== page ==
Part of D.C. United's evolutionary process is to go beyond its modest MLS borders and test itself against clubs from long-established leagues.
Exhibitions such as this summer's friendly with English champion Chelsea and frequent participation in modest regional tournaments with Central American and Caribbean teams were the first step. But to truly gauge United's progress -- and MLS's, for that matter -- over 10 unassuming seasons is to play meaningful games against Latin American and European teams.
That's why, amid the hectic final stretch of its regular season, United has turned its attention to the Copa Sudamericana, a 12-nation, 34-team tournament comprising some of the top clubs in South America.
United is paired with Universidad Catolica, the Chilean league leader, which will visit RFK Stadium tonight in the first leg of a round-of-16 series. The finale will take place Sept. 22 in Santiago, Chile, with the winner advancing to face Fluminense of Brazil or Banfield of Argentina in the quarterfinals.
The tournament finalists will earn $795,000 and $695,000 -- extraordinary amounts for thrifty MLS teams.
"It's important for the league, and especially for our club," said team captain Jaime Moreno, a Bolivian forward who has played in MLS since its inception in 1996. "A lot of players were waiting for this opportunity. I think it will be a great experience and hopefully it will open the door for American teams to play more of these kind of games."
United's most recent experience in a serious match against a prestigious Latin club did not go well -- a 5-0 road loss to Pumas of Mexico City in April during the semifinals of a low-key regional event. (The teams had played to a 1-1 tie in the first leg at RFK.)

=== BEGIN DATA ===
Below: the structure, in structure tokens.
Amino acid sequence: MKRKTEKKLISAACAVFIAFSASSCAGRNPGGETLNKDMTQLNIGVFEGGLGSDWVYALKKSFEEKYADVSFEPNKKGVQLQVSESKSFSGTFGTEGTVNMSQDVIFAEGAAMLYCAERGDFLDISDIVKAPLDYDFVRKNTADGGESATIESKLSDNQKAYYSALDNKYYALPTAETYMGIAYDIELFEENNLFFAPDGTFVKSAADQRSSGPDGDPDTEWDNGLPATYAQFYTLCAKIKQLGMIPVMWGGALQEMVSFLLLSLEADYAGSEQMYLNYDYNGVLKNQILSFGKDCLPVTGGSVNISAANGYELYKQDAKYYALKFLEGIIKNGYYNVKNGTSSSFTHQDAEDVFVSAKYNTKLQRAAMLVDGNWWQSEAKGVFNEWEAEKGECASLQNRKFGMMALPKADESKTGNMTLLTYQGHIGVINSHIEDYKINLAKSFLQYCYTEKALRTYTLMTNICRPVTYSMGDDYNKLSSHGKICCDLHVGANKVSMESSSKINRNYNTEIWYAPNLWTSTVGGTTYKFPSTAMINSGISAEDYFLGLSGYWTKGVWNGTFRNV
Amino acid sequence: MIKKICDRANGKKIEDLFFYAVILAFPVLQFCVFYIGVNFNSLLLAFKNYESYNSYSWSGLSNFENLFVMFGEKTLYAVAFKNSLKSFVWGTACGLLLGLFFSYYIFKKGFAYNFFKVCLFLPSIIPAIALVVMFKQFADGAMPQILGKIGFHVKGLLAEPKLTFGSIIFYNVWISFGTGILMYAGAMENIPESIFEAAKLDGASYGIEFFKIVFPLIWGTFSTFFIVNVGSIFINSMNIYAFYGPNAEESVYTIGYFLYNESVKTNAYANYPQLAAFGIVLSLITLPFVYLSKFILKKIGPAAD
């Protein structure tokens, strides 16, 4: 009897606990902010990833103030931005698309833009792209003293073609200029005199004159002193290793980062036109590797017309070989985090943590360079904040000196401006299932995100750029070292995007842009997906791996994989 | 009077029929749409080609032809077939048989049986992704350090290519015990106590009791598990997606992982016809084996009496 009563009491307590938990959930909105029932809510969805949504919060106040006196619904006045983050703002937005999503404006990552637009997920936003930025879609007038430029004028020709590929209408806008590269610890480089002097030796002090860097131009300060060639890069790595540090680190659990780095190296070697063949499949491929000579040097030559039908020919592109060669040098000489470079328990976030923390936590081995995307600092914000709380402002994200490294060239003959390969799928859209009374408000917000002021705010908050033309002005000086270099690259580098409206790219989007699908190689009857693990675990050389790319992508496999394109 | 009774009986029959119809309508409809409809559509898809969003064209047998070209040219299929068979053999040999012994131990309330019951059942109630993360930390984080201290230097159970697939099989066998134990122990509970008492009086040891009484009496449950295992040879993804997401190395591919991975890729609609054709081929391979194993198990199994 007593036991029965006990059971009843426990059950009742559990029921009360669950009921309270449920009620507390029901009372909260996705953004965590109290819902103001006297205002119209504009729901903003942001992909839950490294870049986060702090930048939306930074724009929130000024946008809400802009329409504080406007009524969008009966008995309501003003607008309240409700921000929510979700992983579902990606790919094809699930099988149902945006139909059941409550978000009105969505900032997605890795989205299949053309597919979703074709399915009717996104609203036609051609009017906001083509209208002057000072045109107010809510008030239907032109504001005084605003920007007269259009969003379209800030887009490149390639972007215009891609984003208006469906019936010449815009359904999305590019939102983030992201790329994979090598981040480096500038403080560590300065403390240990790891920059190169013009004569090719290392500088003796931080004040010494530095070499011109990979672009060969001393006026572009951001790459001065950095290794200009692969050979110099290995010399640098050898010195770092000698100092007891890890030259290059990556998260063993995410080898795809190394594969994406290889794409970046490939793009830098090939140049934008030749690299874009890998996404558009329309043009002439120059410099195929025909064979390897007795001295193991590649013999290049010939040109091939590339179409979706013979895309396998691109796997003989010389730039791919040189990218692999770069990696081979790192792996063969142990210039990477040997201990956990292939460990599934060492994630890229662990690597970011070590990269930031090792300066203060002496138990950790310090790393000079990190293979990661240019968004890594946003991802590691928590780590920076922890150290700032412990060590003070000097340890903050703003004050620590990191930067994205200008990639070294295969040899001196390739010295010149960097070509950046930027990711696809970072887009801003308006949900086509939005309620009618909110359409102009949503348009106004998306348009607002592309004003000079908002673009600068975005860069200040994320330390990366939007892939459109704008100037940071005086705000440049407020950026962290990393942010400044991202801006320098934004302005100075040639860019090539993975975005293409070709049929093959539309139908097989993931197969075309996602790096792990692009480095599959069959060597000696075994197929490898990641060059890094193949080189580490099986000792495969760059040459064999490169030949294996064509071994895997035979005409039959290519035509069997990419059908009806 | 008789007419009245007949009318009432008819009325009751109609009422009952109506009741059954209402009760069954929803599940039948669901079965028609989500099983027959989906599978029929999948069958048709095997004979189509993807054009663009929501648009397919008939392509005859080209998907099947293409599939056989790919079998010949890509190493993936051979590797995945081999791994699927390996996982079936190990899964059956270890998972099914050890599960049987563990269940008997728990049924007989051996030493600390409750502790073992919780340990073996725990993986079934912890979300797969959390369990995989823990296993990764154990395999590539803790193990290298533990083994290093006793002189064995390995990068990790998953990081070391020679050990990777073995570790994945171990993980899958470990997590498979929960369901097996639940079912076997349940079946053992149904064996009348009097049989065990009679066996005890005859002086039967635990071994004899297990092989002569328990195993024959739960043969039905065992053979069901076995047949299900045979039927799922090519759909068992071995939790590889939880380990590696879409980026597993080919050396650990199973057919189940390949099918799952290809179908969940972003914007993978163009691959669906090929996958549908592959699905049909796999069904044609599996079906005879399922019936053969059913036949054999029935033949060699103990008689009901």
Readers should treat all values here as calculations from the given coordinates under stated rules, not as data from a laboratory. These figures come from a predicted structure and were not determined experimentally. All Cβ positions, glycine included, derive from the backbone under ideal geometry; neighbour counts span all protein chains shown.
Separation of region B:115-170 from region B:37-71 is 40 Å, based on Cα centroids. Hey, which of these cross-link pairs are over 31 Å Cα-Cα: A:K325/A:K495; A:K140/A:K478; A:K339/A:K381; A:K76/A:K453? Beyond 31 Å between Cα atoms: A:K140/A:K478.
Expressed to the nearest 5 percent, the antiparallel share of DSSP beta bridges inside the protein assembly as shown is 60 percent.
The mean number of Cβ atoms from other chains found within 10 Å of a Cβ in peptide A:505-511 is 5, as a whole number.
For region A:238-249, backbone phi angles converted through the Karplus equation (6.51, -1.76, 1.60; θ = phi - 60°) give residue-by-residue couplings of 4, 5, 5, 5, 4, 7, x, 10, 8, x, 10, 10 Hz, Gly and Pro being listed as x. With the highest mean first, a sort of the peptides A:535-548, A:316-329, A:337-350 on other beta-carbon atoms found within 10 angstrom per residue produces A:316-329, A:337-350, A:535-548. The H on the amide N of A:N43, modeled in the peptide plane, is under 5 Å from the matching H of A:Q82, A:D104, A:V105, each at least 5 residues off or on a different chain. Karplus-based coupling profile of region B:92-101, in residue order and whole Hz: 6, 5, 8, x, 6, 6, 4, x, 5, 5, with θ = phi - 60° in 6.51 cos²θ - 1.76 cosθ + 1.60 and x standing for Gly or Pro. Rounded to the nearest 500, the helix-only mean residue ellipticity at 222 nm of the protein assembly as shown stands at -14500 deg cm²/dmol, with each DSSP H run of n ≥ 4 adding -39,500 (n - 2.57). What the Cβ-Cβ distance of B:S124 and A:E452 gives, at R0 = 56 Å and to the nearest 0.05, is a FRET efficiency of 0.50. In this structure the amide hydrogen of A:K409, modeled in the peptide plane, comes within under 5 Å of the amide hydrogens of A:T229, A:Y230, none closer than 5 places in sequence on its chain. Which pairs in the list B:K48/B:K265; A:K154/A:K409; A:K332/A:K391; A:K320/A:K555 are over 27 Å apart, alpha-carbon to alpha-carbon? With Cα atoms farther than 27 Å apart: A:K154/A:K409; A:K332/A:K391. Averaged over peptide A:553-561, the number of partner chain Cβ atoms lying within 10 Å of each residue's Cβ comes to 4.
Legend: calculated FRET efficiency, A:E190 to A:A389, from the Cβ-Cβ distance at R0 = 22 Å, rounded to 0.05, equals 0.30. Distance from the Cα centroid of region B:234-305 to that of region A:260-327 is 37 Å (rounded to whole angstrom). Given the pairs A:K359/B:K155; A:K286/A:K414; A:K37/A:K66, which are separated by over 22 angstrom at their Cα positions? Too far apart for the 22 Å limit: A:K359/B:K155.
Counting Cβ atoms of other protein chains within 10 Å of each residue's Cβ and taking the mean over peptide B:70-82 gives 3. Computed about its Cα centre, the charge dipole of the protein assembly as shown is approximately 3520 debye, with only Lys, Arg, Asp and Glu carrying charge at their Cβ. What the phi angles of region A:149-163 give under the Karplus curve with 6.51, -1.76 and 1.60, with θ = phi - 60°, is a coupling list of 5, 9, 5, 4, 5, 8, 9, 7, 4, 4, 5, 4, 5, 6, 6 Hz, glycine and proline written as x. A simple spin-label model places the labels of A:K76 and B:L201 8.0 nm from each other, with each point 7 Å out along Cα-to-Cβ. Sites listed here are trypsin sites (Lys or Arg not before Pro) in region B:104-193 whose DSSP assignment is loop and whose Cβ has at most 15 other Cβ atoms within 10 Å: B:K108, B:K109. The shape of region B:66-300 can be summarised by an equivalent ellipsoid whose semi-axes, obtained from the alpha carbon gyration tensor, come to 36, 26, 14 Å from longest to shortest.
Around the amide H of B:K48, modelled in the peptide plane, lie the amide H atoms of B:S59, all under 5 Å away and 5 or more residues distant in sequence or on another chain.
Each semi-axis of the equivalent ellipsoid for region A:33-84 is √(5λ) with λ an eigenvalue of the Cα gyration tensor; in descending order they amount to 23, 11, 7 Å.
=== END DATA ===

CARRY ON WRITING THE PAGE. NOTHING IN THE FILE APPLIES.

United was the first U.S. team invited to the Copa Sudamericana, which was established three years ago as a complement to the continent's biggest club competition, the 45-year-old Copa Libertadores.
World renowned Boca Juniors of Buenos Aires is the defending Sudamericana champion. Two Mexican teams were also invited this year.
Although United has faced European clubs many times, its experience against South American teams has been limited to a pair of matches with Brazil's Vasco da Gama in the 1998 Interamerican Cup (won by United on a 2-1 aggregate score) and a 0-0 exhibition against Boca Juniors in 2002.
"We have a bad taste in our mouth after the game against Pumas, but during the [last five] months we really gained experience," Coach Peter Nowak said. "For us, we're not playing every single year in an international competition, so this is a very good experience for our young kids to see a different environment.
"It's a learning process. We just want to make it better for everyone, better for our league and better for our team."
Catolica, established in 1937, is in first place in the Chilean league with a 6-0-2 record, outscoring its opponents 12-0. While United (13-9-5 in MLS) earned a bye to the Copa Sudamericana's round of 16, Catolica needed to defeat Universidad de Chile and Alianza Atletico (Peru) to advance.
Besides Moreno, United has two other starters well-acquainted with South American clubs and their playing styles: Argentines Christian Gomez and Facundo Erpen, both of whom arrived in MLS in the past year.
Nonetheless, "international competition is a lot different," Nowak said. "The referees are different, the environment is different, the players are different. So we'll see how this goes. It's very important, the first game. We want to take advantage of [playing at] home."